Capping his critique of elite arrogance, Wiseman argues that despite Caesar’s clemency to foes, they murdered him, provoking his heirs to retort in kind, resorting also to broad seizure of rural properties. Cicero silenced, Wiseman seeks clues to the Roman audience (42-28 BCE) in eclogues, histories (Sallust and Livy), satires, georgics. The audience now included “desperate refugees” fleeing land seizure as well as “victorious veterans ...throwing their weight around,” which Wiseman relates the first eclogue’s bitter drama. As to the eclogues, later commentators “knew that they were sung on stage”; and, Wiseman adds, “we know” the sixth eclogue was sung by a “leading mime actress;”4 while “the poet as vates” in the fourth eclogue “promised ... an age of peace ... [in] conscious reversal” of Catullus.Yet Wiseman’s masterful account of Pompey’s theater neglects its attached portico, where Catullus’ friends flirted, and sculpture garden stretching almost to the curia at Largo Argentina where Caesar was killed.5 Suggestively though he links Virgil’s imagined watery palace of Cyrene to the monumental fountains with which Agrippa endowed Rome.
From glances at Horace, Ovid (Fasti in particular), the story turns ironical, after “Caesar Augustus has banished the People’s favorite, and the ‘three theaters’ are policed by the Praetorian Guard.” He draws hints of performance from Manilius, Tacitus, Persius, Statius, citing memory of “the great tradition of Roman popular power” in Octavia, and quoting Apuleius (Florida) on the power of performance. He sniffs out “evidence for mass audience history” across the empire and cites confirming evidence from Lucian, whose dialogues (“it is reasonable to conclude”) were “performed on stage.” In closing, Wiseman points to performance also of old classics, of mythological commonplaces on sarcophagi mediated by drama (Seethiasos), and cites Christian polemics not only against the traditionally erotic spectacles but even against the Aeneid more seen on stage than read.
Dense notes and original texts that support the argument appear at the end ordered by page and key themes, along with a generous index and bibliography—itself a monument to Wiseman’s scholarship. Parsing turns up a minimal note: the oxymoron, “some who would secretly assert” (Livy 1.16.4), translates aliquos qui ... taciti arguerent, not argueret.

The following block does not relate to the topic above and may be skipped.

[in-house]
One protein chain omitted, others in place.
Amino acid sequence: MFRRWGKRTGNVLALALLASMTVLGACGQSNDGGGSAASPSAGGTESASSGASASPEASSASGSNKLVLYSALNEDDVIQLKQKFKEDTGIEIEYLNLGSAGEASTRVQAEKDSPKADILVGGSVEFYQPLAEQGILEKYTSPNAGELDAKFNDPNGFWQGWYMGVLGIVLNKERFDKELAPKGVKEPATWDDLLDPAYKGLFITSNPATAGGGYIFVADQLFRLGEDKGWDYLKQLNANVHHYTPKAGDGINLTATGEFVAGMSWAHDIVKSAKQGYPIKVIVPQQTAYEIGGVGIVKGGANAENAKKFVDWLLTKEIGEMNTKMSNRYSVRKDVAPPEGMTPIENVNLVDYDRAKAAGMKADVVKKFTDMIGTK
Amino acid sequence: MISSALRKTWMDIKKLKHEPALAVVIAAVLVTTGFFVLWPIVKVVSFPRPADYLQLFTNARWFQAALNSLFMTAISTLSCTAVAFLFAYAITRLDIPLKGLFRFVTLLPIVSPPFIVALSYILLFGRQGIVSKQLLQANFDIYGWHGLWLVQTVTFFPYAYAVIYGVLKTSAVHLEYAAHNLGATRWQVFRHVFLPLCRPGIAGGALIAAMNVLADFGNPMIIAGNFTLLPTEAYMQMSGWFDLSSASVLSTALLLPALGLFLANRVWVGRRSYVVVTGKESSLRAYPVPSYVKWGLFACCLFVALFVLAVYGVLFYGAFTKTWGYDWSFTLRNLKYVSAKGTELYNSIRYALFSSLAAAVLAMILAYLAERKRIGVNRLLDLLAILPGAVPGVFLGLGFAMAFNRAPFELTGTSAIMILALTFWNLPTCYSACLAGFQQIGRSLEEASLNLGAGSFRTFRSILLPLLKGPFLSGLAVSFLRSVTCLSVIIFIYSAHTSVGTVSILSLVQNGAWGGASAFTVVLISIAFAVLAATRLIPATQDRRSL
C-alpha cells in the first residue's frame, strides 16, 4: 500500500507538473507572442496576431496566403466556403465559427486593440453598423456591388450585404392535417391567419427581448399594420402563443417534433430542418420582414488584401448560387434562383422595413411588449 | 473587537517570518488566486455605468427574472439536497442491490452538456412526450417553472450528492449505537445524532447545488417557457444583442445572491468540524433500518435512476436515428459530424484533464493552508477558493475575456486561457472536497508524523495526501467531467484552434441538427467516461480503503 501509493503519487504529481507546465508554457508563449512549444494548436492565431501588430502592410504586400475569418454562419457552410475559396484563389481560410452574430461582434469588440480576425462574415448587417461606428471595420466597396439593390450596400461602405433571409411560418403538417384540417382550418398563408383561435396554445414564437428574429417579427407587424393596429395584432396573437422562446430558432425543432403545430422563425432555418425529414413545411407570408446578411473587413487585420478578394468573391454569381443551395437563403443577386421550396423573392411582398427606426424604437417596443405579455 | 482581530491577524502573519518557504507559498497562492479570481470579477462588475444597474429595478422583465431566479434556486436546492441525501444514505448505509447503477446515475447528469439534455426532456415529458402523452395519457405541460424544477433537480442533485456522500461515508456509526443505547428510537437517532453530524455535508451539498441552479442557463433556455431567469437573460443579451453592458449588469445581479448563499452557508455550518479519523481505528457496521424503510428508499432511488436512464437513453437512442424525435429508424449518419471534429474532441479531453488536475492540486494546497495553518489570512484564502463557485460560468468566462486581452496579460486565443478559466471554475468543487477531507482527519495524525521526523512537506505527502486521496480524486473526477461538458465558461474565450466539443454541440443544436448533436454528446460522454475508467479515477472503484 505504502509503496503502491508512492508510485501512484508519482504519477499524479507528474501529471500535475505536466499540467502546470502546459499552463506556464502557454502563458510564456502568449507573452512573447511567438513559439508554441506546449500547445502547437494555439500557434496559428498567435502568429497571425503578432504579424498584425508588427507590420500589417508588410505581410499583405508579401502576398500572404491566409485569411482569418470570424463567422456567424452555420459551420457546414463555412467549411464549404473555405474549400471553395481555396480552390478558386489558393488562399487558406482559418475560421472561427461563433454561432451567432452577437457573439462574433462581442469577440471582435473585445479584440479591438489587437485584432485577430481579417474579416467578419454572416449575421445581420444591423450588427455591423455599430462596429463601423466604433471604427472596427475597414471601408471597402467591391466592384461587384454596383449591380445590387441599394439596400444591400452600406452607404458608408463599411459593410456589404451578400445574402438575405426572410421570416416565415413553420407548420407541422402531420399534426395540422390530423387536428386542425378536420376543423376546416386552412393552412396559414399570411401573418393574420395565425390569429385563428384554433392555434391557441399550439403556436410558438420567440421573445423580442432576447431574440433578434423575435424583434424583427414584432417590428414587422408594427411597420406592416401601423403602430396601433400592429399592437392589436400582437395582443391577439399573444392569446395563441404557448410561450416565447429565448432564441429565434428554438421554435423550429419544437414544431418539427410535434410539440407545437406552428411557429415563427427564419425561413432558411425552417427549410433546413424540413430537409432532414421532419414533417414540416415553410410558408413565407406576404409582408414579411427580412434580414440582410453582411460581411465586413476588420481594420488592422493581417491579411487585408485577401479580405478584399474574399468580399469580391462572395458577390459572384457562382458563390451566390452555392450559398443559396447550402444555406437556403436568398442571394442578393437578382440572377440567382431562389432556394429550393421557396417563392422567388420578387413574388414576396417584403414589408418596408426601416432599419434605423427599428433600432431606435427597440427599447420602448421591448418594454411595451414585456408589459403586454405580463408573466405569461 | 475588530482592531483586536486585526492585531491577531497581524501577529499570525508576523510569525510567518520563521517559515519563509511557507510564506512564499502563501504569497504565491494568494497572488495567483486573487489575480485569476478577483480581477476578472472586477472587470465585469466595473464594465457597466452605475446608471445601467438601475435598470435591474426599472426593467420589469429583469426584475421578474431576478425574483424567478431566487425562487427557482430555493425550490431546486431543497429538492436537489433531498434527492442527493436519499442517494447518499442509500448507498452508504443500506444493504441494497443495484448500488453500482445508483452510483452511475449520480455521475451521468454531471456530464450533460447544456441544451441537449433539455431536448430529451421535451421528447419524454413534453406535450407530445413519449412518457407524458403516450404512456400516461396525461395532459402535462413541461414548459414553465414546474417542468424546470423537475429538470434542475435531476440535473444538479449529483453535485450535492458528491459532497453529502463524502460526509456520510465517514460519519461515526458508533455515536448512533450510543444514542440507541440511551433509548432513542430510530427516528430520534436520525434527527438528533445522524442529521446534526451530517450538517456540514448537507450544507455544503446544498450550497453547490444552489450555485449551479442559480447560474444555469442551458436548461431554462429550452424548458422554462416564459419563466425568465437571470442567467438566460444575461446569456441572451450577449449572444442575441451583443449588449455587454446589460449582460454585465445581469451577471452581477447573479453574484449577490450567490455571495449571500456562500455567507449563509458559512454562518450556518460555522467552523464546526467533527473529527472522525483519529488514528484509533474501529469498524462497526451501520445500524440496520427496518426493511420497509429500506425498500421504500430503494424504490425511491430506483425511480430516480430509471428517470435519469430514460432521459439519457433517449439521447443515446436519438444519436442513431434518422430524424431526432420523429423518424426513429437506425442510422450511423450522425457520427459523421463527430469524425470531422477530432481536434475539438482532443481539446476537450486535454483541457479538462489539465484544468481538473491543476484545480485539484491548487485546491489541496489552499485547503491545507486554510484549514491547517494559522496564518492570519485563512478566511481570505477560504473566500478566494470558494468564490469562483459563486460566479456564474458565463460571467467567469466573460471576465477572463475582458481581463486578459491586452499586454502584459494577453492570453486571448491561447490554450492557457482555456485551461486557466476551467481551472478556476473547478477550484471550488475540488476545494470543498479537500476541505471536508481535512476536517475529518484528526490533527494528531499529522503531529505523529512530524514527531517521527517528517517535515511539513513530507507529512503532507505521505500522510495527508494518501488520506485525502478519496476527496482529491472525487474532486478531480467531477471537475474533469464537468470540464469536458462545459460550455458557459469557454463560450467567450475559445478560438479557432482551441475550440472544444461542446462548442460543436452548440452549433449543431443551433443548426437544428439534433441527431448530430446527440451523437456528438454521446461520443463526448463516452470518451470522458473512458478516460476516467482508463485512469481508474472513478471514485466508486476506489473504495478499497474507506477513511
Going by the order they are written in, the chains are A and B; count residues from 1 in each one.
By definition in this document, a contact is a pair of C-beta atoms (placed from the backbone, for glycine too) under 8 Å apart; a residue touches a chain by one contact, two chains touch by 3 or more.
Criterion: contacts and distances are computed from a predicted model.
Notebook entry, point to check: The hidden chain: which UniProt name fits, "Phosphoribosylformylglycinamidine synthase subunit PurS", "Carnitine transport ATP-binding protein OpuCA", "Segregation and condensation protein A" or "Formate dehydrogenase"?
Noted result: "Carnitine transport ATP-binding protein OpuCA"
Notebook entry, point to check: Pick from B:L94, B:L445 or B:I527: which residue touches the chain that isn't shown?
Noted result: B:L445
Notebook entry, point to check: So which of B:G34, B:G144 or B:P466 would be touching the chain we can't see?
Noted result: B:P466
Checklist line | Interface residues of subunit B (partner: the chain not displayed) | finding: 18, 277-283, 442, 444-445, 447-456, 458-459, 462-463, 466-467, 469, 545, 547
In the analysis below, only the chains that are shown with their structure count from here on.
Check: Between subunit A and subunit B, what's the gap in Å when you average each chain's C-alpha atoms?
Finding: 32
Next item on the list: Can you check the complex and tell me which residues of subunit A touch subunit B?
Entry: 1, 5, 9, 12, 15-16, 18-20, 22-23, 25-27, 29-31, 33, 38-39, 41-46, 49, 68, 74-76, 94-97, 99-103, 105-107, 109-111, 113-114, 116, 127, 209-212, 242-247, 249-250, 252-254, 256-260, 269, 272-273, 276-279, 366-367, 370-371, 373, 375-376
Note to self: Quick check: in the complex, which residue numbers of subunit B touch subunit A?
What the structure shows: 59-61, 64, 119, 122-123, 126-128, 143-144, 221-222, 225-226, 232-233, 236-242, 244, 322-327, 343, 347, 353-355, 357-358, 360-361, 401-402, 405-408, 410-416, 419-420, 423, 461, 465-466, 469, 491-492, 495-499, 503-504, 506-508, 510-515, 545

This book provokes and fuels productive dialogue, e.g., regarding Virgil’s eclogues. Wiseman calls “2 and 8 dramatic with narrative frame,” but 7 “fully dramatic.” He thus ignores how Virgil deploys frame narrative in both 7 and 6, bringing back and revising for metapoetic ends both figures featured in the drama of 1. In 7 Virgil revised the figure of the unsettled citizen-farmer, Meliboeus, with metapoetic resonance for his entire oeuvre; but in 6, Virgil revised Tityrus, the figure for which Wiseman provides specific clues for “reasonable” inference: Tityrus shown at ease to play (ludere) thanks to “that god” at Rome, which plays to the Caesars’ exploitation of theater, introducing the vatic, Caesarist vision that builds to “vatic” 4 and the dead and defied Daphnis of 5—gripping an audience used to topical, mythological, vatic, paratragic, comical, tragic variety in mimes. The crowd’s clamor combined with Octavian’s theater smarts would explain why performances were frequent (crebro).6 Moreover, Wiseman’s reminder that Varro staged fictive dialogues between disparate figures invites reconsidering eclogues, where Virgil stages his friend Gallus once raised from erotic wandering to Helicon, yet again prostrate, lovelorn in Arcadia, visited by Menalcas, Apollo, Pan, told by a nymph of old Arcadia and meant to be read by a contemporary diva of the stage.
1. Apt to add to the silva of citations would have been "Poetry and Ancient City: The Case of Rome," by Nevio Zorzetti, Classical Journal 86 (1991) 311-329.
2. Cfr e.g., Sander M. Goldberg, Constructing Literature in the Roman Republic. Cambridge: The University Press, 2005: 24-25, and the Alexandrian stamp of dicti studiosus.
3. Absent from M. Skinner, although allowing “convivial recitation”: A Companion to Catullus. Blackwell, Oxford: 4.
4. Rejecting “chronologically unlikely” link to Cicero, rationalized as scholiastic play by R. Höschele, “From Ecloga the Mime to Vergil’s Eclogues as Mimes: ein Gedankenspiel. Vergilius 59 (2013) 37-60, who doubts the performance for which Wiseman offers cogent background.
5. Neglecting too the portico fountain with its oblique Virgilian cadence, flumina sopito quaeque Marone cadunt (“streams that fall from slumbering Maro,” Propertius 2.32.11-14).
6. Cfr my Virgil’s Book of Bucolics. The Ten Eclogues Translated into English Verse. Baltimore: Johns Hopkins, 2011: 28-35.